25 best universities according to graduates

For millions of potential students, college rankings have become the main factor taken into account when choosing a place of study. However, the ratings of universities have always been radically different from all other consumer charts, because they never took into account the opinion of real consumers of the product or service – graduates. Have you ever wondered what a list of top institutions would look like if it were compiled from reviews from former students? Thanks to a recent study, based on the largest survey of college graduates in the United States, we were able to imagine in general terms what it would be. Yes, in it, of course, there are several familiar names, but not without surprises.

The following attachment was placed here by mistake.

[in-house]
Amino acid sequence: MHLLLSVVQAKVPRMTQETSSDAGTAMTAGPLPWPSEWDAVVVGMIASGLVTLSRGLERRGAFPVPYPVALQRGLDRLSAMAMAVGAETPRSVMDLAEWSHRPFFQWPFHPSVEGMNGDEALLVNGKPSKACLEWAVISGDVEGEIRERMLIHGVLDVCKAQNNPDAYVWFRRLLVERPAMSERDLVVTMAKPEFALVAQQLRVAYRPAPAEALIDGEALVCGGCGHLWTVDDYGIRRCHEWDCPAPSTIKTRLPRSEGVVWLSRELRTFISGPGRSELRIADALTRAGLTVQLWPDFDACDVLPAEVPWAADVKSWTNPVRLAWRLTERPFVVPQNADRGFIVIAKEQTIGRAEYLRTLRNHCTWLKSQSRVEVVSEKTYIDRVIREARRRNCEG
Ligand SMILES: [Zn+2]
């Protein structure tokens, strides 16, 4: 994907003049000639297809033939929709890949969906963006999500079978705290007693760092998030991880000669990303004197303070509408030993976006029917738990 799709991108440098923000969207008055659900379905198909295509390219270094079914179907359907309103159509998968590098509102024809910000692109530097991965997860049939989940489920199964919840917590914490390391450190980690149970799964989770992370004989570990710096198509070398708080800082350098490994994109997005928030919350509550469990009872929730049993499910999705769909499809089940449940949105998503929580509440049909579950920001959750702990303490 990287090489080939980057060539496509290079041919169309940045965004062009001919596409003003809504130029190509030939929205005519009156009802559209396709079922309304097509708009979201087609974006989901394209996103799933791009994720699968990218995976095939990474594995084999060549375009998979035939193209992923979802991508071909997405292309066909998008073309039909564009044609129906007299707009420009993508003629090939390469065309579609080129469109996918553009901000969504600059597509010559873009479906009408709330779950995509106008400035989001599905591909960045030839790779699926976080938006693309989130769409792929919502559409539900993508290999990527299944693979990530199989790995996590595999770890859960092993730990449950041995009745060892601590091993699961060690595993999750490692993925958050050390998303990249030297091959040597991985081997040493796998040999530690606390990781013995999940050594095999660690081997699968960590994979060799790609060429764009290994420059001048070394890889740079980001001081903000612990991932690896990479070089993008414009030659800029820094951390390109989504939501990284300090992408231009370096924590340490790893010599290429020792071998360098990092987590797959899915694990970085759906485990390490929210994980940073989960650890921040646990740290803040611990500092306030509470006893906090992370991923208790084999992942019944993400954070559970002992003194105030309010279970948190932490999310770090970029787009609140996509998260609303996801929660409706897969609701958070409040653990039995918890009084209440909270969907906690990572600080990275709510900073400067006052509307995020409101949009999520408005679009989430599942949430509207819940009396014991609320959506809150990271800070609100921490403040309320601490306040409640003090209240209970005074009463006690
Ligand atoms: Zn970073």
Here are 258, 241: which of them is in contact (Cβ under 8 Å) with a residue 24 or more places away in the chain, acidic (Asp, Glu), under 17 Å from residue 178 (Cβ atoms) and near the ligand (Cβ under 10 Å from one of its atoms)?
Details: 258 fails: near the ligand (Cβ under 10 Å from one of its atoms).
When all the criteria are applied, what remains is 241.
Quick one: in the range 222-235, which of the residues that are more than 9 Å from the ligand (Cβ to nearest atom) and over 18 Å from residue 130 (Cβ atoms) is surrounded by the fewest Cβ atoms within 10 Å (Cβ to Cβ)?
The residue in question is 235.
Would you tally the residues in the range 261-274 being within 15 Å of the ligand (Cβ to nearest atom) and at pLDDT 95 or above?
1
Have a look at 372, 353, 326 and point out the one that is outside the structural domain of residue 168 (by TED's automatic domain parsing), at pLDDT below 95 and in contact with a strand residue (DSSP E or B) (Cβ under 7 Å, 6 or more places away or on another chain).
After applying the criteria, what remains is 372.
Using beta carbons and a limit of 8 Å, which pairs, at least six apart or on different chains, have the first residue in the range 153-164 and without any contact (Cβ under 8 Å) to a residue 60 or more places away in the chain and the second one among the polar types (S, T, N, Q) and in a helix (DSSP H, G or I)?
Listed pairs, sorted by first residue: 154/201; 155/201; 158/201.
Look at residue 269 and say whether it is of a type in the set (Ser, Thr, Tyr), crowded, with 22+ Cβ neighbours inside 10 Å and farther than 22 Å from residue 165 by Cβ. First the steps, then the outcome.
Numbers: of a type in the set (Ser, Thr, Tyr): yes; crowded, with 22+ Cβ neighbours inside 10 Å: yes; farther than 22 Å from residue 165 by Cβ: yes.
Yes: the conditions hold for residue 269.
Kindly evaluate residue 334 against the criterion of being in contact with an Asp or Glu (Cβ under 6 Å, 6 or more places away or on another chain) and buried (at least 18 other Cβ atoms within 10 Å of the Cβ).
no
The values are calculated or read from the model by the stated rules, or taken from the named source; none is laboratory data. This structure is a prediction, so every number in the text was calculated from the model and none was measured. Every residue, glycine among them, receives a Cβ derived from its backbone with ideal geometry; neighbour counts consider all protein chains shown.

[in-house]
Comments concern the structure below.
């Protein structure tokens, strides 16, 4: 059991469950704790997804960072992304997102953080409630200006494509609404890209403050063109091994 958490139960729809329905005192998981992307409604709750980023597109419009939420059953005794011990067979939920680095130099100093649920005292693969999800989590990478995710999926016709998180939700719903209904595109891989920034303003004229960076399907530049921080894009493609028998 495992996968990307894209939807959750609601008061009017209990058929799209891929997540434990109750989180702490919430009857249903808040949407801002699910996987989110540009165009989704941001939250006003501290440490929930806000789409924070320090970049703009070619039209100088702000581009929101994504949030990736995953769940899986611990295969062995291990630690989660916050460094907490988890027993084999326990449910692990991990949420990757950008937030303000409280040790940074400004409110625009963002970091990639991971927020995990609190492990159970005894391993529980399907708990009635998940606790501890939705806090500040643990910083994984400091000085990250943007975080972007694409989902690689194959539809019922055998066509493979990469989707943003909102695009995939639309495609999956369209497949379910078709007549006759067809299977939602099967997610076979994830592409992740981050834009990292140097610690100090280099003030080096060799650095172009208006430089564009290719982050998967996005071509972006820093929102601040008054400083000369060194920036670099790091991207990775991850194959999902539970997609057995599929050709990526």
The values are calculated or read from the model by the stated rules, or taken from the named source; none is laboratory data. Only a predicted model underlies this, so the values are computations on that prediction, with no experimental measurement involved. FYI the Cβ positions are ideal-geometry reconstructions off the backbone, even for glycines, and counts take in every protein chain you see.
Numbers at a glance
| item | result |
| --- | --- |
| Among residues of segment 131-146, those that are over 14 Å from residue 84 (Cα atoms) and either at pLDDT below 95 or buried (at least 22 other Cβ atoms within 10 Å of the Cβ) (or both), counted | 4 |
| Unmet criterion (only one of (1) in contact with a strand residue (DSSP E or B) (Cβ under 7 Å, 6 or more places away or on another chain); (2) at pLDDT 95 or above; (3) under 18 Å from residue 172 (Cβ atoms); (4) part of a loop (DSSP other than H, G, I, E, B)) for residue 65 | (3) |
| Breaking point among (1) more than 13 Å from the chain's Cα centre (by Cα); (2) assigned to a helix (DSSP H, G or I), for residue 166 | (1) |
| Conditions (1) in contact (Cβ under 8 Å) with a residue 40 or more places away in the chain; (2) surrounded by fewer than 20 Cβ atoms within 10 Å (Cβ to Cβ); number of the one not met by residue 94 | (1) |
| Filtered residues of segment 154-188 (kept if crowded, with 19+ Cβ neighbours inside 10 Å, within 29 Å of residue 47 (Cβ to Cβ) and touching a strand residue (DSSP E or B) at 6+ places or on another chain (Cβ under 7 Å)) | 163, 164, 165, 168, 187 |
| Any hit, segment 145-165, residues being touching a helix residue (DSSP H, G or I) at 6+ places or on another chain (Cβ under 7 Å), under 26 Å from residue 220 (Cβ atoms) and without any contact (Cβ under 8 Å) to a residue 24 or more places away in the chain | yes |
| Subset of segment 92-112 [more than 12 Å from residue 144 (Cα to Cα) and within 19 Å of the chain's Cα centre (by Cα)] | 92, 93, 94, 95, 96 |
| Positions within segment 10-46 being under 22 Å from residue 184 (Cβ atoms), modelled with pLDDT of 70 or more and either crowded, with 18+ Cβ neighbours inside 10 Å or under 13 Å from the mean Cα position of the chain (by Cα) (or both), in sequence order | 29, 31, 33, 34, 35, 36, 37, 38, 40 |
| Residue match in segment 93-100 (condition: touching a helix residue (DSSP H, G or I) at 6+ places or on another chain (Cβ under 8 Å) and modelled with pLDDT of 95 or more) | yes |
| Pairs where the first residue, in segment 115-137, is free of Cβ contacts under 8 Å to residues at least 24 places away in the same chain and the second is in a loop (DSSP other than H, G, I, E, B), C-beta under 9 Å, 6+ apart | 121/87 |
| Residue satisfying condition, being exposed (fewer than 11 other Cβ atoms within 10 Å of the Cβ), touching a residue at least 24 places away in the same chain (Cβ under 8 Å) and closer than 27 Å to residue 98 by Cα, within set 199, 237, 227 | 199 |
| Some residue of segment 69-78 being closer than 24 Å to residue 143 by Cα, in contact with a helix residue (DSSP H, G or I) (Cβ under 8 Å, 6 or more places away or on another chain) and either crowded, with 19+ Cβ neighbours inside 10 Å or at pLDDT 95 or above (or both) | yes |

The study, published in the Journal of Consumer Affairs under the title “Assessing the Accuracy of Rankings in Higher Education,” analyzes data collected during a survey of consumers of educational services – a large-scale study of the opinions of graduates. The data taken into account were obtained from 146345 graduates of 2989 colleges and universities, while 496 institutions were represented by a sufficient number of respondents to compile an objective rating. The basis was the answers to a series of questions, among which were requests to indicate the degree of their agreement with certain statements. For example:

  • you have received a quality education;
  • you would advise other people to undergo the same training;
  • without receiving this diploma, you would never find yourself in your current place;
  • during college classes, you developed serious skills that you now use in everyday life;